Nostos: Greeks and Cypriots return to their roots in Egypt

Authored by Dina Ezzat and published by ahramonline on 3 May 2018


The Greeks crossed the Mediterranean in the 19th century to Egypt 'not just to work: they came to live and work,' and they left a lasting mark on the culture of a country.

This week’s first round of the Nostos Programme in Alexandria brought back many memories for the former Greeks of Egypt. The visit was held in collaboration with the ministries of emigration of Egypt, Greece and Cyprus.
It started in Alexandria with an event inaugurated by the presidents of the three countries who made statements to acknowledge the shared Mediterranean history and culture of the three countries and the influences of the Greek and Cypriot communities in Egypt. 
According to Maha Salem, spokesperson of Egypt’s Ministry of Emigration, the remainder of the visit of the mostly elderly women and men who had come to Alexandria, not just from Greece and Cyprus but from all over Europe and North America, was designed to include a visit to Cairo and Giza, especially the Pyramids area, and then to Sharm El-Sheikh, especially the Greek Orthodox Church affiliated to St Catherine’s Monastery.
“These are not just the places that the Greeks and Cypriots of Egypt once lived in, because they lived in many parts of the country, including the Suez Canal Zone. This is the path designed for the first round of the Nostos Programme,” Salem said.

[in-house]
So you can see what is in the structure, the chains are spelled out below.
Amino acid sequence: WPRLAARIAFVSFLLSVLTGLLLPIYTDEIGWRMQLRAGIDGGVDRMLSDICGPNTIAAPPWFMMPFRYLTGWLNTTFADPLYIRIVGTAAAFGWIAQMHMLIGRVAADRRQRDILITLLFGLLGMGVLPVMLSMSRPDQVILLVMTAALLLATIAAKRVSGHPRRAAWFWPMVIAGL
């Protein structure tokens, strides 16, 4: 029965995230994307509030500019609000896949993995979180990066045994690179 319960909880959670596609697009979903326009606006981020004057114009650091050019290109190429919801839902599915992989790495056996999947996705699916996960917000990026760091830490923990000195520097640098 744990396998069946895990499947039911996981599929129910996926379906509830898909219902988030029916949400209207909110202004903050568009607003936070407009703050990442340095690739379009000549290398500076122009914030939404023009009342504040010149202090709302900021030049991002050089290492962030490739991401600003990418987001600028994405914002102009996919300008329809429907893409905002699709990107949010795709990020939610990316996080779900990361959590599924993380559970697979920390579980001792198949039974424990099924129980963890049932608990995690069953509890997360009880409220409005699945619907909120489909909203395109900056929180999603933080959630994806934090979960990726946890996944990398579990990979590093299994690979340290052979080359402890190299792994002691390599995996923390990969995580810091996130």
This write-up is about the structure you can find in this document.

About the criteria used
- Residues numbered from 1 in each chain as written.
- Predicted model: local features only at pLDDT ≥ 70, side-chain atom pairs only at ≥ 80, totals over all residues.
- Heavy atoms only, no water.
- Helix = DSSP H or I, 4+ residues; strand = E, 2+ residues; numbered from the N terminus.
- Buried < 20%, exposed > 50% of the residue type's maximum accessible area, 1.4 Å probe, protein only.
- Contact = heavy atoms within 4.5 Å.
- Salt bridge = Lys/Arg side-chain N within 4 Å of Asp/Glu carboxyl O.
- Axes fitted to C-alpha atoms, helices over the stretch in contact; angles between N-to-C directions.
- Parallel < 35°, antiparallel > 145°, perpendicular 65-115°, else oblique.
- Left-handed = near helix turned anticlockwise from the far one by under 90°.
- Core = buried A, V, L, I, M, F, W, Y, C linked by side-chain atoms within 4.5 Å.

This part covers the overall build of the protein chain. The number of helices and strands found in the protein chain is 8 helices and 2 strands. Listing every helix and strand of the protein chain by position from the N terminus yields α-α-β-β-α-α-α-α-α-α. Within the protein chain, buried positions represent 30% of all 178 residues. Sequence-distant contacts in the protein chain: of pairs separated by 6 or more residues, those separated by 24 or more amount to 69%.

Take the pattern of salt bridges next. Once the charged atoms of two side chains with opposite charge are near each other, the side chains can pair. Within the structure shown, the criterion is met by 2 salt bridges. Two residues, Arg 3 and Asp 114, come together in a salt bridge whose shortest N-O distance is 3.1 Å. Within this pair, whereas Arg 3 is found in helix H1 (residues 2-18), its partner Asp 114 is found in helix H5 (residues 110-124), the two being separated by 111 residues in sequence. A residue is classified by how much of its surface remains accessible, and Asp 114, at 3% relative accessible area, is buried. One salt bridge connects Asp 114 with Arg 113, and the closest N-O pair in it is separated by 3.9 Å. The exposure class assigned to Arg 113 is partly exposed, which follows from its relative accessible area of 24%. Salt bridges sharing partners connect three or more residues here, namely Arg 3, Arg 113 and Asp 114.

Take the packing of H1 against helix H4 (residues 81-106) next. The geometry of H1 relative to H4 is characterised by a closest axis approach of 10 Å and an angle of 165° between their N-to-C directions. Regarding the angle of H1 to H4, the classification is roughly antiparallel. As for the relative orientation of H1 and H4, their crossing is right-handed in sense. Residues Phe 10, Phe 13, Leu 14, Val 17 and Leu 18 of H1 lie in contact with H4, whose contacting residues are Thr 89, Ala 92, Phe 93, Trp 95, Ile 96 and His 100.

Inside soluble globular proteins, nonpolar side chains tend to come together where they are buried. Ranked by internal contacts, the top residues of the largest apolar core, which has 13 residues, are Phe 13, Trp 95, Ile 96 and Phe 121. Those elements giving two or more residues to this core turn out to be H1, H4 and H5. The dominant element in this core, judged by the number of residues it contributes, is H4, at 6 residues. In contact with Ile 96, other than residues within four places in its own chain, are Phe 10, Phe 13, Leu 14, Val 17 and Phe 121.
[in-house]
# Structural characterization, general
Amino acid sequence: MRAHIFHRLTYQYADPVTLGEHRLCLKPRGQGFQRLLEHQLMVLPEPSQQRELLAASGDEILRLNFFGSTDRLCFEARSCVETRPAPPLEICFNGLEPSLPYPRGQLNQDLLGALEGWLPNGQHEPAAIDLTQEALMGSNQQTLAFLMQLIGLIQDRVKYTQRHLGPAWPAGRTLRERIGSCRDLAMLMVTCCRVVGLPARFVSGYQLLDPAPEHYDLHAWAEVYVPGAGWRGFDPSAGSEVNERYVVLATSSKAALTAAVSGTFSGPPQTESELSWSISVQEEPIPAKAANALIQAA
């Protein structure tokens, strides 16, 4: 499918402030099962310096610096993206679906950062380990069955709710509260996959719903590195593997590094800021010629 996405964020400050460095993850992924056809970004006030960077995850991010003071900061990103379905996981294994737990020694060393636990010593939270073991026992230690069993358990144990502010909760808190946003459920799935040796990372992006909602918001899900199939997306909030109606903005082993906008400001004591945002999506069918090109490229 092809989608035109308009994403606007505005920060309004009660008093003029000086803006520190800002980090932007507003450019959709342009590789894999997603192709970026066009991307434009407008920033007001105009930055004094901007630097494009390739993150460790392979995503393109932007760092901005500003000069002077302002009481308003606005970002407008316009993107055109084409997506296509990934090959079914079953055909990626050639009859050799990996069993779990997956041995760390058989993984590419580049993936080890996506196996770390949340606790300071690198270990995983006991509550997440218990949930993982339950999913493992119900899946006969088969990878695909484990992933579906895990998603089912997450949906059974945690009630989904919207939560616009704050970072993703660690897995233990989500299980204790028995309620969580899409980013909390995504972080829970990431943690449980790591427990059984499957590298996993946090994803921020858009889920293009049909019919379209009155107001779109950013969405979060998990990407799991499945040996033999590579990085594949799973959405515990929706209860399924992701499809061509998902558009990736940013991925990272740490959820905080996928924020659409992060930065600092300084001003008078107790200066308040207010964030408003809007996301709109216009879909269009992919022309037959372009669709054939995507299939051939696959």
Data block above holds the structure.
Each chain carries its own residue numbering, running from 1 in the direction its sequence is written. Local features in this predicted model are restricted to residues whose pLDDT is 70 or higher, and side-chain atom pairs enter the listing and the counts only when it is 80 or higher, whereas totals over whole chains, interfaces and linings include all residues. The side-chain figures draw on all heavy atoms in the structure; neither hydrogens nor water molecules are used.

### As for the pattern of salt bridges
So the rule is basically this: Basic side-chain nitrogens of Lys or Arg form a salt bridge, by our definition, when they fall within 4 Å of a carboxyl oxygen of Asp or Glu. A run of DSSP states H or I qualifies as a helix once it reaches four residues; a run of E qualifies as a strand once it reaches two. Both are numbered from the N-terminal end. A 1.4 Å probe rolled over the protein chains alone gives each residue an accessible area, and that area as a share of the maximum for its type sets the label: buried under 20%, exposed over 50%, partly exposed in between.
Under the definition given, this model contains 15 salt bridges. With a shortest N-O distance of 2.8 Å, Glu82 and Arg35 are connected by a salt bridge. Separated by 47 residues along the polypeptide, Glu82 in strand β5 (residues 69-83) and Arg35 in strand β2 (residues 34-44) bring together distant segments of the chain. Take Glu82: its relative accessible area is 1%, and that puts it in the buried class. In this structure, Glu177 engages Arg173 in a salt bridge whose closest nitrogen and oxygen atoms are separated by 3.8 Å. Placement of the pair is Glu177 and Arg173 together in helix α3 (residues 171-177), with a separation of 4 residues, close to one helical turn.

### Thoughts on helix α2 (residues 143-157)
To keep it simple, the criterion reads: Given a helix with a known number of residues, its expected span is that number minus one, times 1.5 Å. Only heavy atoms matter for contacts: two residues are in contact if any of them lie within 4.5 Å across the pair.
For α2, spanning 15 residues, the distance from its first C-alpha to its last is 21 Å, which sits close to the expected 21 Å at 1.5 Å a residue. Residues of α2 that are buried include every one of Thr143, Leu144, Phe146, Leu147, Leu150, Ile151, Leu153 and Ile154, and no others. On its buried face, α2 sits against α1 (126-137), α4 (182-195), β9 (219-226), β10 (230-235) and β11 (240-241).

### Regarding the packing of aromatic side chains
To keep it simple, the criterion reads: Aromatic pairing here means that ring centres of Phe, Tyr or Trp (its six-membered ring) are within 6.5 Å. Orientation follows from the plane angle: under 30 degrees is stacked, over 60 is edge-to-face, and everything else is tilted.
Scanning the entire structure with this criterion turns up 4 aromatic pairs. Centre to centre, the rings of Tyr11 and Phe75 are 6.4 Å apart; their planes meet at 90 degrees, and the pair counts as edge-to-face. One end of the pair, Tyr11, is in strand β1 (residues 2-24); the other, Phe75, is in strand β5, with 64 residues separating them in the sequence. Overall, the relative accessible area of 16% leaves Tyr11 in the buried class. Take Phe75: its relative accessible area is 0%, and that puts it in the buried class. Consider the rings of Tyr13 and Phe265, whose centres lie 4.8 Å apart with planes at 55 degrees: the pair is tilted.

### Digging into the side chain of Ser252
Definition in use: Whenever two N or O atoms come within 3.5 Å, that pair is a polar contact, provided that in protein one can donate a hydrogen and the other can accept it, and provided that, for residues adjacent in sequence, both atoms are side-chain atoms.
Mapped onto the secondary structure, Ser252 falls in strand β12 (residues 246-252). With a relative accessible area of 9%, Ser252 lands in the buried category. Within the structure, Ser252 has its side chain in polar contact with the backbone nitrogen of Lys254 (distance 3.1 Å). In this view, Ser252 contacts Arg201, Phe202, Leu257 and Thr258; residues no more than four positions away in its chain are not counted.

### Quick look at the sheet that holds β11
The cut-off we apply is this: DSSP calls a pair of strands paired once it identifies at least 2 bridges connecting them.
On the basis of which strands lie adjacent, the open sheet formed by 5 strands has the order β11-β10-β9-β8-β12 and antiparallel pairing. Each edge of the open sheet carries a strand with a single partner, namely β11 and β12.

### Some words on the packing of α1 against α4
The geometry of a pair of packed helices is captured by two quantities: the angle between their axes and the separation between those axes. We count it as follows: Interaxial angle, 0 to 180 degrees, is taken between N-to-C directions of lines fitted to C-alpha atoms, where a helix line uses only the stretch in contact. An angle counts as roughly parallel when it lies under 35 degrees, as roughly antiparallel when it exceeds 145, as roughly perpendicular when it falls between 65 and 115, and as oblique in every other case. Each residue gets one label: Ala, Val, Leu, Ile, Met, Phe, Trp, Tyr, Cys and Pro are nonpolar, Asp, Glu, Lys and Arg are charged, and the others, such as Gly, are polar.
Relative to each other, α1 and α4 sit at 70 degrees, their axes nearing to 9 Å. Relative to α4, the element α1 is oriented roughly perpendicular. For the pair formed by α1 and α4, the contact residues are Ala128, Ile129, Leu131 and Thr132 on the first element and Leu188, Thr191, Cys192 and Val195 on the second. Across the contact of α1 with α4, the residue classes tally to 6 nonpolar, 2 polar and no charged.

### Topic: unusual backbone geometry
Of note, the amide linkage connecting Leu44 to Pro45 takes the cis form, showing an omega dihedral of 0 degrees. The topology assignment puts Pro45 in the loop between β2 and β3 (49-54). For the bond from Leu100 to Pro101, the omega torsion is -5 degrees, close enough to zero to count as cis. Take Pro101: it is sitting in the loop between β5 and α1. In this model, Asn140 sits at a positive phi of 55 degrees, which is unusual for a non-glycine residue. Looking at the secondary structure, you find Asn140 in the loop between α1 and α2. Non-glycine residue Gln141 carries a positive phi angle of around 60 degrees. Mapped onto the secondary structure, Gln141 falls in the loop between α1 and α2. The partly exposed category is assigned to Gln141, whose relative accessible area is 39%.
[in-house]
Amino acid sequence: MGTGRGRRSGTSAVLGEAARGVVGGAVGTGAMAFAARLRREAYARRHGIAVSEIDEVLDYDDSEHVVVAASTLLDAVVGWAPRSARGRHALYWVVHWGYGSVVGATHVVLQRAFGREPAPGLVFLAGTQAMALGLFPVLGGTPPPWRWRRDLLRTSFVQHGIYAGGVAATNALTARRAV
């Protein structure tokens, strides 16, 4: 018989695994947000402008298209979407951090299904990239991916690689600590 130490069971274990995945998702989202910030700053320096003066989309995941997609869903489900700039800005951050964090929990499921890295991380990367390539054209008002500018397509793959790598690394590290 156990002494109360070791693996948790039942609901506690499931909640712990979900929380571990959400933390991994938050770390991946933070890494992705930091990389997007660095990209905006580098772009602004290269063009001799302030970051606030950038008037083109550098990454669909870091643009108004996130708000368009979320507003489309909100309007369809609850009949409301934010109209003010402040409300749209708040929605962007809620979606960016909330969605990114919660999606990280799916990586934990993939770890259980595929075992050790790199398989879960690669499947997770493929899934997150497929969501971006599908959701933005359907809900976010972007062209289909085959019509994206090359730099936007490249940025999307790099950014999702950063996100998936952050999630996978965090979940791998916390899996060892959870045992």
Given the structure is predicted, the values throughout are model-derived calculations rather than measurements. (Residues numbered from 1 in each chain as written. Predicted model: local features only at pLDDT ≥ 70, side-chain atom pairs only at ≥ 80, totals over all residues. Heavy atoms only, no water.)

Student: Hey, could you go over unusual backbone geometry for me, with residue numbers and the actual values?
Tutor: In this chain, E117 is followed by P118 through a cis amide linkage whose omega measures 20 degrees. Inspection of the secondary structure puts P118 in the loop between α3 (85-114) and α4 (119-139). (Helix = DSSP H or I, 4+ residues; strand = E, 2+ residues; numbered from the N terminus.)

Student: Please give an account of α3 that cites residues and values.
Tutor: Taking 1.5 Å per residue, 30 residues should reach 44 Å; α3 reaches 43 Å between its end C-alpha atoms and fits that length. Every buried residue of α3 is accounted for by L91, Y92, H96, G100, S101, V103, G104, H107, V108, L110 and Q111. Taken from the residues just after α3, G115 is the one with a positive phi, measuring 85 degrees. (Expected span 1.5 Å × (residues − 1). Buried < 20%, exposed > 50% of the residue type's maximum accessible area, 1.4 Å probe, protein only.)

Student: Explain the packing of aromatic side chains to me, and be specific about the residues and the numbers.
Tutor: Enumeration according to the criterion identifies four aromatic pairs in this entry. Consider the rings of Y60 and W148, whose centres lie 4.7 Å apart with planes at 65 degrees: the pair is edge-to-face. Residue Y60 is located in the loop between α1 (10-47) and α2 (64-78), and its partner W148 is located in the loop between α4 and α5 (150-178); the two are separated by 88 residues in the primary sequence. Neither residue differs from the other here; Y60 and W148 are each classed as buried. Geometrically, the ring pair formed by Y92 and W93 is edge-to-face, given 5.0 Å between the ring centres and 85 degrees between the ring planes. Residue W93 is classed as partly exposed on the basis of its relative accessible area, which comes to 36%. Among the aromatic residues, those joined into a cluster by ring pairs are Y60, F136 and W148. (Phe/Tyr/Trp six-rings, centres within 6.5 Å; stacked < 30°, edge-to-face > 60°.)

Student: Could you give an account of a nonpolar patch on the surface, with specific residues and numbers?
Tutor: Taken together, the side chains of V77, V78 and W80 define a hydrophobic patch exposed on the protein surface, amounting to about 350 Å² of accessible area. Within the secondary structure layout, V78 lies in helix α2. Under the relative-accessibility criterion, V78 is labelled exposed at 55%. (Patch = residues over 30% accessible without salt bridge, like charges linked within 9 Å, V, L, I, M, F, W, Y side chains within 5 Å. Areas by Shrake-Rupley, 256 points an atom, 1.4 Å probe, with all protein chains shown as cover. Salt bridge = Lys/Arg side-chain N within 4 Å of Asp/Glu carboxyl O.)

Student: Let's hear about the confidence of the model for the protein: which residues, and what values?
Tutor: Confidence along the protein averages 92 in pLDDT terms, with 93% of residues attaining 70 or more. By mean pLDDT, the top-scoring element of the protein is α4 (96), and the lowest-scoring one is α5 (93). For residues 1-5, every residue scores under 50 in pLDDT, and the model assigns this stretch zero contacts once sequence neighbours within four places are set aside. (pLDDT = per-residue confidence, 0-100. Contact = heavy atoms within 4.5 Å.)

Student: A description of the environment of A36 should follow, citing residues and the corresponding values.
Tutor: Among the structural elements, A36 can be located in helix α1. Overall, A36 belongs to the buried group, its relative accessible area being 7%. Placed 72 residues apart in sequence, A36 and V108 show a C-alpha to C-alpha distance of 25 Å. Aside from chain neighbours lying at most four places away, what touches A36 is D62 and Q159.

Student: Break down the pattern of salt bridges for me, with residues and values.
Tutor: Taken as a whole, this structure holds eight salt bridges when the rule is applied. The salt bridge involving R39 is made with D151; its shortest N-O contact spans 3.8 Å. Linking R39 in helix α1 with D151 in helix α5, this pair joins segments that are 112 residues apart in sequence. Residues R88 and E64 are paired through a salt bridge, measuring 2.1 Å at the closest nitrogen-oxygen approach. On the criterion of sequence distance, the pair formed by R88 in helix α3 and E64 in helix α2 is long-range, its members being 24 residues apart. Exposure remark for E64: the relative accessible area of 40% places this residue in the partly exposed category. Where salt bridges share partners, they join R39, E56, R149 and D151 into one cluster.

Nostos is a Greek word that literally means a return to roots, or homecoming, particularly to roots near the sea.
“It makes perfect sense because Alexandria has always been perceived as the Hellenistic centre of the Mediterranean, and while the Greeks of Egypt, or the Egyptiotes as we call them, lived all over Egypt, they lived mostly in Alexandria,” said Michael Diamesis, ambassador of Greece to Egypt.
“The visit is not just about nostalgia but is also about our long common history. There was always a connection between our people, and there is plenty of archaeological proof for relations that in their modern phase started in the late 19th century. They go back centuries before that,” said Mortisis Charis, ambassador of Cyprus to Egypt.
By the early decades of the 20th century there were over half a million Greeks and Cypriots living in Egypt. Today, there are around 5,000 Greeks and 500 Cypriots. However, as both Diamesis and Charis agree, the Greek presence is still there and not just in the imprint of the monuments, churches and restaurants. The Greek and Cypriot communities, with their leaders and institutions, are still very active in Egypt, unlike some other former foreign communities.
Andreas Mavromotis is a third-generation Cypriot of Egypt who currently heads the Cypriot community in Cairo. Mavromotis’ grandfather was born in 1873, “the date when the Cypriot Community Association was established,” he said.
Mavromotis grandfather came to Egypt in 1915.